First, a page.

Only 22% of companies collect data on healthy buildings

An investment in the equipment of a building should be considered long-term and not as a short-term response to a government mandate. With this in mind, facility managers in companies, schools and hospitals are better off installing an intelligent monitor that monitors CO. automatically recorded2, Temperature and humidity values ​​and uploads them securely to the cloud.

There are several reasons for this. First, one of the best ways to improve air quality is to simply tweak the temperature. This can also have a significant environmental benefit, as heating normally requires an enormous amount of energy. Uploading data to the cloud also allows it to be analyzed and used in conjunction with other data and provides an overview of the assessment of a building over time. With the analysis, facility managers can monitor the condition of the building and also diagnose problems with HVAC systems that would otherwise have been invisible.

In addition, studies have shown that cognitive functions can decrease when the level of CO2 in the air increases. In addition, the identification and quantification of CO2 emissions helps to identify excessive energy consumption or other inefficiencies. The reduction of the CO2 content – even if it is only a question of air monitoring – is typically accompanied by an increase in the efficiency and profitability of a company’s processes. This is vital for all of us, especially given that the government is committed to achieving net zero carbon emissions by 2050.

Smart monitors not only take over data management automatically, without any administrative effort for installers or employers, but also offer a better price-performance ratio in the long term. The cost of installing smart monitors throughout the building is the equivalent of a sick day for just one or two people – and this can easily be avoided by providing adequate ventilation in the workplace.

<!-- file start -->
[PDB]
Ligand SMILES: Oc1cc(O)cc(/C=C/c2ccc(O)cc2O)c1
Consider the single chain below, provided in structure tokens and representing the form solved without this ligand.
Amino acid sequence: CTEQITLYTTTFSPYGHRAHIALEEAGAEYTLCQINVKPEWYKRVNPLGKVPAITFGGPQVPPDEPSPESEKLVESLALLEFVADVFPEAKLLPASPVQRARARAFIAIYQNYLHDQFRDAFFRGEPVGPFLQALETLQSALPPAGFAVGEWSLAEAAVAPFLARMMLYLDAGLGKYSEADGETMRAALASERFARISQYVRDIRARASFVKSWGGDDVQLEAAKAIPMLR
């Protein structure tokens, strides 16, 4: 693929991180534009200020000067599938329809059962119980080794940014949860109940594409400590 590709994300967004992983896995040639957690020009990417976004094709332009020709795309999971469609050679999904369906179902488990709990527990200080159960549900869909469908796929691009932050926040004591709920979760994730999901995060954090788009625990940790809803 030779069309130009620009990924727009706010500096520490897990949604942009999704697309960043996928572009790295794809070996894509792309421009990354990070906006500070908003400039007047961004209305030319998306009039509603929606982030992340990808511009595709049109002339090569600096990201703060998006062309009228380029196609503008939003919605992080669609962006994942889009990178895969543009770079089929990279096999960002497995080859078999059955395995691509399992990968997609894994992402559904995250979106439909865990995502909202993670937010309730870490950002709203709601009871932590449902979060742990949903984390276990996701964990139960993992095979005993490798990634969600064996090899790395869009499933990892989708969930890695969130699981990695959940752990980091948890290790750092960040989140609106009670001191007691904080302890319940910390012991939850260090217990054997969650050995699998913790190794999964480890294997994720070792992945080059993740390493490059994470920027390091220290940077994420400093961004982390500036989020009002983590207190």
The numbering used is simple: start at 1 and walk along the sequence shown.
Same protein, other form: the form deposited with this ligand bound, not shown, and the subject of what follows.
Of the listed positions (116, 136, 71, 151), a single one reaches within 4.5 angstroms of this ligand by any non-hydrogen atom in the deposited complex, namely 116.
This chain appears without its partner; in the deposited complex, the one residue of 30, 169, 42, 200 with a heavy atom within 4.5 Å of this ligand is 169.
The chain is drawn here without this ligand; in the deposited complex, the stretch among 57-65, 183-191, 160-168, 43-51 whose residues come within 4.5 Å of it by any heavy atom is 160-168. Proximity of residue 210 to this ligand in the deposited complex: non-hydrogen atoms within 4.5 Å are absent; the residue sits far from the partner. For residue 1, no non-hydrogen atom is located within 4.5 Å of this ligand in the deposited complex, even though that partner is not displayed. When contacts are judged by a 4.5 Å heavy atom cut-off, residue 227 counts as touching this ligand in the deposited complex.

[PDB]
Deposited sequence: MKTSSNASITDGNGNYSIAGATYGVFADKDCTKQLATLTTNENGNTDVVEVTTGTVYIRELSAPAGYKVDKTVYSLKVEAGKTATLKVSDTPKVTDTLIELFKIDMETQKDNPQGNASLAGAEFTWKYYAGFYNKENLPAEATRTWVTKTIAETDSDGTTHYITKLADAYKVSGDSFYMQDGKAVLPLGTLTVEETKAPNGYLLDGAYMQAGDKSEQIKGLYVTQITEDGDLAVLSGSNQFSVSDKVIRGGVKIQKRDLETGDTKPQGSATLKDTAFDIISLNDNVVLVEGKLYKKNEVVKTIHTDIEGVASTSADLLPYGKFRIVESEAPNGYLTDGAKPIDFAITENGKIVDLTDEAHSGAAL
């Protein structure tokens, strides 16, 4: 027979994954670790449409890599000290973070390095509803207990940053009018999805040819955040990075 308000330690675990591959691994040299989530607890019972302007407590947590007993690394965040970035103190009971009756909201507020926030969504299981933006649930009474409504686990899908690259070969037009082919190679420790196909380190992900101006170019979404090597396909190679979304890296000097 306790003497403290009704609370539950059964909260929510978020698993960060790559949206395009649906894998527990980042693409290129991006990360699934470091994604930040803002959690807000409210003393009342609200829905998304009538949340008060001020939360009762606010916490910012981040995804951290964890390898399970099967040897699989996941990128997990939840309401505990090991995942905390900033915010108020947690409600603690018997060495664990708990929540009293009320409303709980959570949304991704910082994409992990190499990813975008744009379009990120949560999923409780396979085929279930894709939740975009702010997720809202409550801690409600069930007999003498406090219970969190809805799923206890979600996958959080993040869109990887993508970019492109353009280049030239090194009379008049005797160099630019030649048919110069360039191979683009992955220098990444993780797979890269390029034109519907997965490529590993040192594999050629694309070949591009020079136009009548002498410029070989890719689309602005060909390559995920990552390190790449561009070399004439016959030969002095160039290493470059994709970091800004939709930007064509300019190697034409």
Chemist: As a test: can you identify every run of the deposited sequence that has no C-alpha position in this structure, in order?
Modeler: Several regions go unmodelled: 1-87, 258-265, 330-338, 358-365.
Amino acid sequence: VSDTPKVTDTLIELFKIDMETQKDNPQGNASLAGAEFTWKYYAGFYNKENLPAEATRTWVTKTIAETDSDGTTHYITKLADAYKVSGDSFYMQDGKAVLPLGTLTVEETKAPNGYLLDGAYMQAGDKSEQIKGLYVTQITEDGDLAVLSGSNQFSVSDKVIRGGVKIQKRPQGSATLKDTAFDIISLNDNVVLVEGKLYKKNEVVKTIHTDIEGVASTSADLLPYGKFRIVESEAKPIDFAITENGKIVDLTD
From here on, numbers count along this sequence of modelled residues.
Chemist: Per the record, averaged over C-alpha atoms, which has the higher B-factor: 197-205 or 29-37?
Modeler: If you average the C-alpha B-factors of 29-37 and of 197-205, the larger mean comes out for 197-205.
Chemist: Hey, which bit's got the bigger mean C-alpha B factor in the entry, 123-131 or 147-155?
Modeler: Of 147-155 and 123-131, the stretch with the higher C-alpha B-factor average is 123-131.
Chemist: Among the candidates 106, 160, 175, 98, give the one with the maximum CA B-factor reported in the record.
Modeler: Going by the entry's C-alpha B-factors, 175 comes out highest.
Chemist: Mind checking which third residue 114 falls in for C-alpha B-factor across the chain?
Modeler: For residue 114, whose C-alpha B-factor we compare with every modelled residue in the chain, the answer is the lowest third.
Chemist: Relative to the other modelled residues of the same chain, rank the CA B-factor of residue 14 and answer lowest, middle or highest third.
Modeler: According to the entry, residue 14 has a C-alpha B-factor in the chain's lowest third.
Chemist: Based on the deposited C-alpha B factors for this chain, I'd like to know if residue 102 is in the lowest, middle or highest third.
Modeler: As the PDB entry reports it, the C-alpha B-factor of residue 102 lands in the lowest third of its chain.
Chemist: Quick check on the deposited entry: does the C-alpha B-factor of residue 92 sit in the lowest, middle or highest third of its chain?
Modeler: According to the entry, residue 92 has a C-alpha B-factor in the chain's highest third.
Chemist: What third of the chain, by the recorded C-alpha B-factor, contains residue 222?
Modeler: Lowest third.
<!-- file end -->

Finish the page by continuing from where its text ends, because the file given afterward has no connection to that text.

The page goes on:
The other benefit of smart monitors is that they benefit employees. In March 2021, we commissioned a survey of 2,000 working adults in the UK and identified a strong desire for access to their company’s healthy building data. Workers would be most interested in having access to virus risk data (59 percent), followed by cleaning information (57 percent) and air quality (54 percent). However, only 22 percent of employers currently collect this data. At Infogrid, we combine three measured values ​​(temperature, humidity and CO2 values) into a single “virus risk” metric and give building managers and employers the opportunity to convey the safety of the office environment to their employees.

The final benefit is that troubleshooting is easy. With real-time updates of temperature, humidity and CO2 as well as automatic air flow, facility managers can easily ensure that the air in the building always remains at a level at which not only CO2 is low, but temperature and humidity are also at a suitable level impede.

Switch to smarter systems

While the pandemic has highlighted the issue of indoor air quality and the need for adequate ventilation in buildings, simply checking indoor carbon dioxide levels manually is inefficient. While CO2 levels are a useful guide to whether the ventilation is effective enough to reduce the likelihood of coronavirus transmission, it doesn’t tell a full story and doesn’t give employers enough information about the health of the building. Moving to smarter systems offers employers a better, more reliable way to measure office security

Image: a photo of a busy work office.

Article written by William Cowell de Gruchy | Published October 05, 2021